You know about absinthe, right? How it’s supposed to make you hallucinate because of that magical ingredient, wormwood? (It doesn’t). Turns out “vermouth” is actually named for wormwood, one of its historic ingredients (the German for wormwood being “wermut,”). Vermouth is a fortified wine flavoured with aromatic herbs and spices (“aromatised” in the trade) using closely guarded recipes (trade secrets). Some of the herbs and spices used may include cardamom, cinnamon, marjoram and chamomile. Some vermouth is sweetened; however, unsweetened or dry, vermouth tends to be bitter. The person credited with the second vermouth recipe, Antonio Benedetto Carpano from Turin, Italy, chose to name his concoction “vermouth” in 1786 because he was inspired by a German wine flavoured with wormwood, an herb most famously used in distilling absinthe. However, wine flavoured with wormwood goes back to ancient Rome. The modern German word Wermut (Wermuth in the spelling of Carpano’s time) means both wormwood and vermouth. The herbs were originally used to mask raw flavours of cheaper wines, imparting a slightly medicinal “tonic” flavor.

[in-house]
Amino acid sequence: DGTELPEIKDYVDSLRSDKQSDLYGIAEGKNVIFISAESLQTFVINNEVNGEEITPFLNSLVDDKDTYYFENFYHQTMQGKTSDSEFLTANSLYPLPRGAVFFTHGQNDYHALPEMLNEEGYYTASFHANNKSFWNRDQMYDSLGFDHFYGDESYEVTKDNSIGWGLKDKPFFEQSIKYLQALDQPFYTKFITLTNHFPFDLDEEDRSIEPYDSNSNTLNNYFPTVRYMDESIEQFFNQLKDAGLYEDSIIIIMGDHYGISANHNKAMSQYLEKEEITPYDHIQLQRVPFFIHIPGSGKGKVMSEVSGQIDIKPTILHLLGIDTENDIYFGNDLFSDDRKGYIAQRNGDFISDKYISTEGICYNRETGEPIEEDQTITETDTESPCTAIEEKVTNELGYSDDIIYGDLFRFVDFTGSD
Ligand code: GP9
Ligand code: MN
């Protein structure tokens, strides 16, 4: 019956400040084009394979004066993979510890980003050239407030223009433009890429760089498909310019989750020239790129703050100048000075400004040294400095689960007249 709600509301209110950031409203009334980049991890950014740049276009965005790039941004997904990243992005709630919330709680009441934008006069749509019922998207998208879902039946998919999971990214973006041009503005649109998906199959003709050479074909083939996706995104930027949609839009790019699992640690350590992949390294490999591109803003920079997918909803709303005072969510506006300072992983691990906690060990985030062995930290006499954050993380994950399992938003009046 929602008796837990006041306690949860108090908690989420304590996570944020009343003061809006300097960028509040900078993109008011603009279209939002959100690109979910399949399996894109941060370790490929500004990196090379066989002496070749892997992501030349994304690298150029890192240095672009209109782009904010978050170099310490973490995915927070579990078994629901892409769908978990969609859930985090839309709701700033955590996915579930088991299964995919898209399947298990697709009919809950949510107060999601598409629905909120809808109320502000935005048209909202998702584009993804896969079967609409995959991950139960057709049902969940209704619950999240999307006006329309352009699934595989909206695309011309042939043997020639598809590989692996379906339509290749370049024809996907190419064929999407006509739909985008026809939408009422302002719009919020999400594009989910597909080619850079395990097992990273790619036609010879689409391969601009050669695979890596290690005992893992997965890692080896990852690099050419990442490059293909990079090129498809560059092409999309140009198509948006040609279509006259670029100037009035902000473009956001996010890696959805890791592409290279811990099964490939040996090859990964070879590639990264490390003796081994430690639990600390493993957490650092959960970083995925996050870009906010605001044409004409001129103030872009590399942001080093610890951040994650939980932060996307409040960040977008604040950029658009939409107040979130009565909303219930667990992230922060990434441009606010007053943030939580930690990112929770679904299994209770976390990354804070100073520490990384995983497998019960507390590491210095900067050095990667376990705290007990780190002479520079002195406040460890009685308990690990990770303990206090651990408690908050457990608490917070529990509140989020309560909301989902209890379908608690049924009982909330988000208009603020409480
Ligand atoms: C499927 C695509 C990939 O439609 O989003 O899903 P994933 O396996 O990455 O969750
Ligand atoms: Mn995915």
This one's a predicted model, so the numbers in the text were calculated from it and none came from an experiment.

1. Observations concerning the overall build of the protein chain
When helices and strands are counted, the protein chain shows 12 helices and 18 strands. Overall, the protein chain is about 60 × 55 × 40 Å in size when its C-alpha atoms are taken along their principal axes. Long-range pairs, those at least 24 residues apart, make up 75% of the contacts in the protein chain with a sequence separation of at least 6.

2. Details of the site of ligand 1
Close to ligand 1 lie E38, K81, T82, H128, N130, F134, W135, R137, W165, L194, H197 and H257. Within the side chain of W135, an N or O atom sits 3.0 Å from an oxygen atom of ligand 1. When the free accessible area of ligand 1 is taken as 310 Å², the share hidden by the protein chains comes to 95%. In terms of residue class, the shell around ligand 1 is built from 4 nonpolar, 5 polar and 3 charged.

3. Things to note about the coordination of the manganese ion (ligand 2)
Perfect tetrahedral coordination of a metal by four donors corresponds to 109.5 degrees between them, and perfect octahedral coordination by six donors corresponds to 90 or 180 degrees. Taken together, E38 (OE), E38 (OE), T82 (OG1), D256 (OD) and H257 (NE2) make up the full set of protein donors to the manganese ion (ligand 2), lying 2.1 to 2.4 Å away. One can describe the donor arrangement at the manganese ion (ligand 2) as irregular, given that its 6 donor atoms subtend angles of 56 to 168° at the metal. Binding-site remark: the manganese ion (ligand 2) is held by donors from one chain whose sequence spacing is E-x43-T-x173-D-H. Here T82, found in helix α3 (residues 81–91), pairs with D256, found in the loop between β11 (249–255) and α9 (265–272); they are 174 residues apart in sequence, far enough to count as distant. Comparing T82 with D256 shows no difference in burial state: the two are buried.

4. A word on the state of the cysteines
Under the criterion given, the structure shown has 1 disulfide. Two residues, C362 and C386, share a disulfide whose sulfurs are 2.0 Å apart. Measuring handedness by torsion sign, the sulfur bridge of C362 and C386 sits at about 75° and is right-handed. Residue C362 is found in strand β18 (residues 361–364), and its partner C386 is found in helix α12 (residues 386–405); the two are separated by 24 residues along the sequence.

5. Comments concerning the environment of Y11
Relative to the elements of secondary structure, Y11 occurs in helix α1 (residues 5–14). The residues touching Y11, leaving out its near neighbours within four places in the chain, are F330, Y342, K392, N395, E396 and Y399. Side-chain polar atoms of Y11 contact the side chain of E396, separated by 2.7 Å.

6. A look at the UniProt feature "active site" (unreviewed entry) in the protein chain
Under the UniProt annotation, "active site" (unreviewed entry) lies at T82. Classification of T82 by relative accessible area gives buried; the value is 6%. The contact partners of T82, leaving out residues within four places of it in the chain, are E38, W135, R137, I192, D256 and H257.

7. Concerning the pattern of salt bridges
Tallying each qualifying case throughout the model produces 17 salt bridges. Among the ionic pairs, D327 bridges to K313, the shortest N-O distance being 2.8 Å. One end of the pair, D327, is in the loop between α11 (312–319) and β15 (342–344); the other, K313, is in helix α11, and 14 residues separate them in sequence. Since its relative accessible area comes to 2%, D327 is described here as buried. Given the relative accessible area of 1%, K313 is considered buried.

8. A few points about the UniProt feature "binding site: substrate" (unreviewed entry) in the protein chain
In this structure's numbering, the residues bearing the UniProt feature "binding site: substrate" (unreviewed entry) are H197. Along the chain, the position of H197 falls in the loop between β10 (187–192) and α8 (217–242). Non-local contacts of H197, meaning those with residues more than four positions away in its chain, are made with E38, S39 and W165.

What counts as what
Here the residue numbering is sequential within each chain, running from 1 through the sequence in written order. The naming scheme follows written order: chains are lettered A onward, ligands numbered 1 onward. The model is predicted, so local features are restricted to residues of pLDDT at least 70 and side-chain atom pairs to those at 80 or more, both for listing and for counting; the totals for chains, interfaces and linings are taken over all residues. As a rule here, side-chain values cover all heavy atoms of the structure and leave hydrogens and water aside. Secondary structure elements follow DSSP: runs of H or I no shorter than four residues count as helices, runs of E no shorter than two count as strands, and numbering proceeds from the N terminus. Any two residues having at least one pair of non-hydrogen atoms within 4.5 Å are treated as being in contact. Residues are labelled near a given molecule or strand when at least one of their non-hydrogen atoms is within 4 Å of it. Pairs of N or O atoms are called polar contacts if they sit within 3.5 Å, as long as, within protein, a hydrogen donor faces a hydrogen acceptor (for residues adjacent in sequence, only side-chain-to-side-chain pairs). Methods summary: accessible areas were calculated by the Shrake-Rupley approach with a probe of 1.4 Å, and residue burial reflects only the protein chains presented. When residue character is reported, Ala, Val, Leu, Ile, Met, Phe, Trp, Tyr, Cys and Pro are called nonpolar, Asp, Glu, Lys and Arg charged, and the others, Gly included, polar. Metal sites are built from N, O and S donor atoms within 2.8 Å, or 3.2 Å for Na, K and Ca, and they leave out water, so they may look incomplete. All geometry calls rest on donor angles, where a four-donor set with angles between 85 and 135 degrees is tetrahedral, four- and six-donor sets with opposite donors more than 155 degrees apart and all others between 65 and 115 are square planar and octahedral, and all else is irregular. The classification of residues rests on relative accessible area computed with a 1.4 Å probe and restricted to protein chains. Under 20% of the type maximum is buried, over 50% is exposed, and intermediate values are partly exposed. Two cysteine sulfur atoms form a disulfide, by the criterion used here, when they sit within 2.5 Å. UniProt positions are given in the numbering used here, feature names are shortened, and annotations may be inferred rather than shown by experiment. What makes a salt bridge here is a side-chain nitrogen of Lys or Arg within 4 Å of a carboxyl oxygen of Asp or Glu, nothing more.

Historically, the way vermouth was flavored categorized it as either red (associated with Italy) or white/dry (associated with France). Carpano Classico is the classic red vermouth (Antonio Carpano is thought to have come up with the term “vermouth”), with dark, rich flavors like cocoa, wine, spice, toffee, herbs, etc., all intermingling with a slightly bitter edge. Carpano Antica is the classic recipe “alla vaniglia,” or with vanilla added.) Dolin Blanc, on the other hand, is a classic French white vermouth made with herbs and botanicals from the Chambery region of France. And Noilly Prat’s Extra Dry vermouth combines 20 herbs and spices for a complex, floral, fruity (and fully clear) vermouth with a bracingly dry finish. And then there are vermouths like Carpano’s Punt e Mes, which actually has a bittersweet flavor profile likening it to bitter amaros.
Mistelle (Italian: mistella, French: mistelle, Spanish: mistela, from Latin mixtum “mix”) is sometimes used as an ingredient in fortified wines, particularly Vermouth, Marsala and Sherry, though it is used mainly as a base for apéritifs such as the French Pineau des Charentes. It is produced by adding alcohol to non-fermented or partially fermented grape juice (or apple juice to make pommeau). The addition of alcohol stops the fermentation and, as a consequence Mistelle is sweeter than fully fermented grape juice in which the sugars turn to alcohol.
Vins doux naturels (French)